Todays carol: The Coventry Carol – Maddy Prior and the Carnival Band

The "Coventry Carol" dates from the 16th century and was performed in Coventry as part of a mystery play called ‘The Pageant of the Shearmen and Tailors’. The play depicts the Christmas story from chapter two in the Gospel of Matthew and refers to the Massacre of the Innocents. The lyrics of this haunting carol represent a mother's lament for her doomed child. The author is unknown but the oldest known text was written down by Robert Croo in 1534. The carol is traditionally sung a cappella.

Day Five

5th Day of Christmas

Feast of St Thomas Becket.

Thomas Becket was Archbishop of Canterbury in the 12th century and was murdered on 29th December 1170. He was in conflict with Henry II, King of England, over the rights and privileges of the Church and was murdered by followers of the king in Canterbury Cathedral. His death, according to an eye-witness Edward Grim, was not a simple stabbing but far nastier and not something to be related here...Soon after his death, he was canonised by Pope Alexander III.

Todays Carol:
Personent Hodie – Maddy Prior and the Carnival Band

"Personent hodie" is a Christmas carol originally published in the 1582 Finnish song book Piae Cantiones, a volume of 74 Medieval songs with Latin texts collected by Jacobus Finno (Jaakko Suomalainen), a Swedish Lutheran cleric. The Latin text is probably a musical parody of an earlier 12th century song beginning "intonent hodie voces ecclesie", written in honour of Saint Nicholas, the patron saint of Russia, sailors and children – to whom he traditionally brings gifts on his feast day, 6 December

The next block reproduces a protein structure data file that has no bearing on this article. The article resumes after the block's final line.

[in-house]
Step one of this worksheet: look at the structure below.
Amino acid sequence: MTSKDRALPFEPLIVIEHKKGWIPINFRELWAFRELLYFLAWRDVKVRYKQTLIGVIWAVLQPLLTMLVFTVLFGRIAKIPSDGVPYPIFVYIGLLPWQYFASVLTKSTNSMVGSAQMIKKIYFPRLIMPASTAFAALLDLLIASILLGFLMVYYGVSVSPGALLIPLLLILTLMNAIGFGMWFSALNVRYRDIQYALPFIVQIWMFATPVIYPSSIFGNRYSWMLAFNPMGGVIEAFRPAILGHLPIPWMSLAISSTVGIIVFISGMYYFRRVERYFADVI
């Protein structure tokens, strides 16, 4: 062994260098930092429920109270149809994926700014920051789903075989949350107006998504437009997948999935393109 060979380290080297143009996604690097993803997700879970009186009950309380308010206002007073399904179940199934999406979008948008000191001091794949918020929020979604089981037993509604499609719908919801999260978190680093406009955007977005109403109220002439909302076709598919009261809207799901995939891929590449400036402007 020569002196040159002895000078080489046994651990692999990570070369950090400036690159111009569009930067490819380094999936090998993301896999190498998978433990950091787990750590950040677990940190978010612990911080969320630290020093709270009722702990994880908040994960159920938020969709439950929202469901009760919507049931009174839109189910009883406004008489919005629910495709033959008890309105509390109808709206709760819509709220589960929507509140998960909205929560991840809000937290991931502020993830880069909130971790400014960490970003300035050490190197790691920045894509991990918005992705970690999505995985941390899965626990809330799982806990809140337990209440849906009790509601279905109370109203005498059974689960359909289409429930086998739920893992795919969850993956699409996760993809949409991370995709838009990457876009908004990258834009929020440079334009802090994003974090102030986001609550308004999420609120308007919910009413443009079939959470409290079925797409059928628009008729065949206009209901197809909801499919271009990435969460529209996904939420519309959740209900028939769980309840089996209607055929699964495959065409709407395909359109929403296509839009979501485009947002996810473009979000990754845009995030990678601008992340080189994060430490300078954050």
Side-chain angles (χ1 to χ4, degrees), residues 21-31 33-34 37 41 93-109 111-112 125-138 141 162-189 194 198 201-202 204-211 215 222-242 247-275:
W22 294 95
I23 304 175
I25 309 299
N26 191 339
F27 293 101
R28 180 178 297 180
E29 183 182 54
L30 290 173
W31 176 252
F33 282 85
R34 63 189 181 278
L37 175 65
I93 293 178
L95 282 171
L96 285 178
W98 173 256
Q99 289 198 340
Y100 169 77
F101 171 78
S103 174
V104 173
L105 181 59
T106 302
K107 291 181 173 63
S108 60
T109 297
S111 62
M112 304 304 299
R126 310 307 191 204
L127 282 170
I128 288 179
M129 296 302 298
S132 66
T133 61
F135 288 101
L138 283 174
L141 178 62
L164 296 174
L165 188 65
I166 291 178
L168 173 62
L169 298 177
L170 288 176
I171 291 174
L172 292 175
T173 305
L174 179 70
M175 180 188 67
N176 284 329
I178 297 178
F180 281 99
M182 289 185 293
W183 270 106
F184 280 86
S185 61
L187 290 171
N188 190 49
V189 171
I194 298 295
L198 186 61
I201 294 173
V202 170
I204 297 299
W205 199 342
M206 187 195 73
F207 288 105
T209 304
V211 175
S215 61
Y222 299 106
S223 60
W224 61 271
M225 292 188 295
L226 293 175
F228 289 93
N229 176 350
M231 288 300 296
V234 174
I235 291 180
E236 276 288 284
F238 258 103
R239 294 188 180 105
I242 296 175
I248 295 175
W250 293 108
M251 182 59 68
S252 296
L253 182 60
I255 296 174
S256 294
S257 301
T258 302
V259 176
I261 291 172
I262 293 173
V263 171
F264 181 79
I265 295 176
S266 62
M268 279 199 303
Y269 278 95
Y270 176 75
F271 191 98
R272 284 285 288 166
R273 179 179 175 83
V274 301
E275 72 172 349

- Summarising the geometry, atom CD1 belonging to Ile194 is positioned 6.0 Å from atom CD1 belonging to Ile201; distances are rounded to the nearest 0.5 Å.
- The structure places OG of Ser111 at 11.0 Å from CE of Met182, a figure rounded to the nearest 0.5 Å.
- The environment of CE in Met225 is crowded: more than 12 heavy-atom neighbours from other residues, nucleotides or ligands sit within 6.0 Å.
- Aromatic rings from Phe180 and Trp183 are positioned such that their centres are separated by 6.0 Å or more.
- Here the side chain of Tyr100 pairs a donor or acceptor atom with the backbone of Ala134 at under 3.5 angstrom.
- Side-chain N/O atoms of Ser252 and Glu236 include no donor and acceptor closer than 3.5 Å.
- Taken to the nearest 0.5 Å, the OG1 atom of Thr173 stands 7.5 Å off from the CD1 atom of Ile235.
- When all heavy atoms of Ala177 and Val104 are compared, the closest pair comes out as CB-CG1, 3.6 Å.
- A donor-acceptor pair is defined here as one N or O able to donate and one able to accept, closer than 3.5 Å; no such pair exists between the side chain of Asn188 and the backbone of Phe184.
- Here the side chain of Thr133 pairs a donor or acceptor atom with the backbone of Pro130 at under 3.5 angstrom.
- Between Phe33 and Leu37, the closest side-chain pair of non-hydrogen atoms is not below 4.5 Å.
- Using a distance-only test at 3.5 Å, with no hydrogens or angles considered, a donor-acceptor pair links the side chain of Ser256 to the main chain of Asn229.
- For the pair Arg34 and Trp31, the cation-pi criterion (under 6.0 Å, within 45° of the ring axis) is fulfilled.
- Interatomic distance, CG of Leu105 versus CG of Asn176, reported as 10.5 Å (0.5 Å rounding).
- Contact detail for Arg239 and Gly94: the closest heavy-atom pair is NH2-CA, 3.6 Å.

Day Six

6th Day of Christmas

Feast of St Egwin of Worcester.

Though a good bishop, protector of orphans and widows, and a fair judge, Egwin incurred the animosity of people (especially other clerics) who resisted his insistent teaching on marital morality and clerical celibacy. He founded the abbey of Evesham between 700 and 710 AD following an alleged vision of the Virgin Mary by a swineherd by the name of Eof. The abbey later became one of the great Benedictine abbeys of Medieval England. This day is also the Feast of the Holy Family intended to present the Holy Family as a model for Christian families. The feast was instituted by Pope Leo XIII in 1893.

Carol:In Dulci Jubilo – Maddy Prior and the Carnival Band

This carol is thought to have been written by the German mystic Heinrich Seuse circa 1328. According to folklore, Seuse heard angels sing these words and joined them in a dance of worship.

Day Seven

7th Day of Christmas

New Year's Eve.

Pope Sylvester I is traditionally celebrated on this day. He was one of the earliest popes (in the 4th Century). Legend has it he converted the first Roman emperor Constantine to Christianity. In the UK, New Year's Eve was a traditional day for ‘games’ and sporting competitions that were banned at other times of year.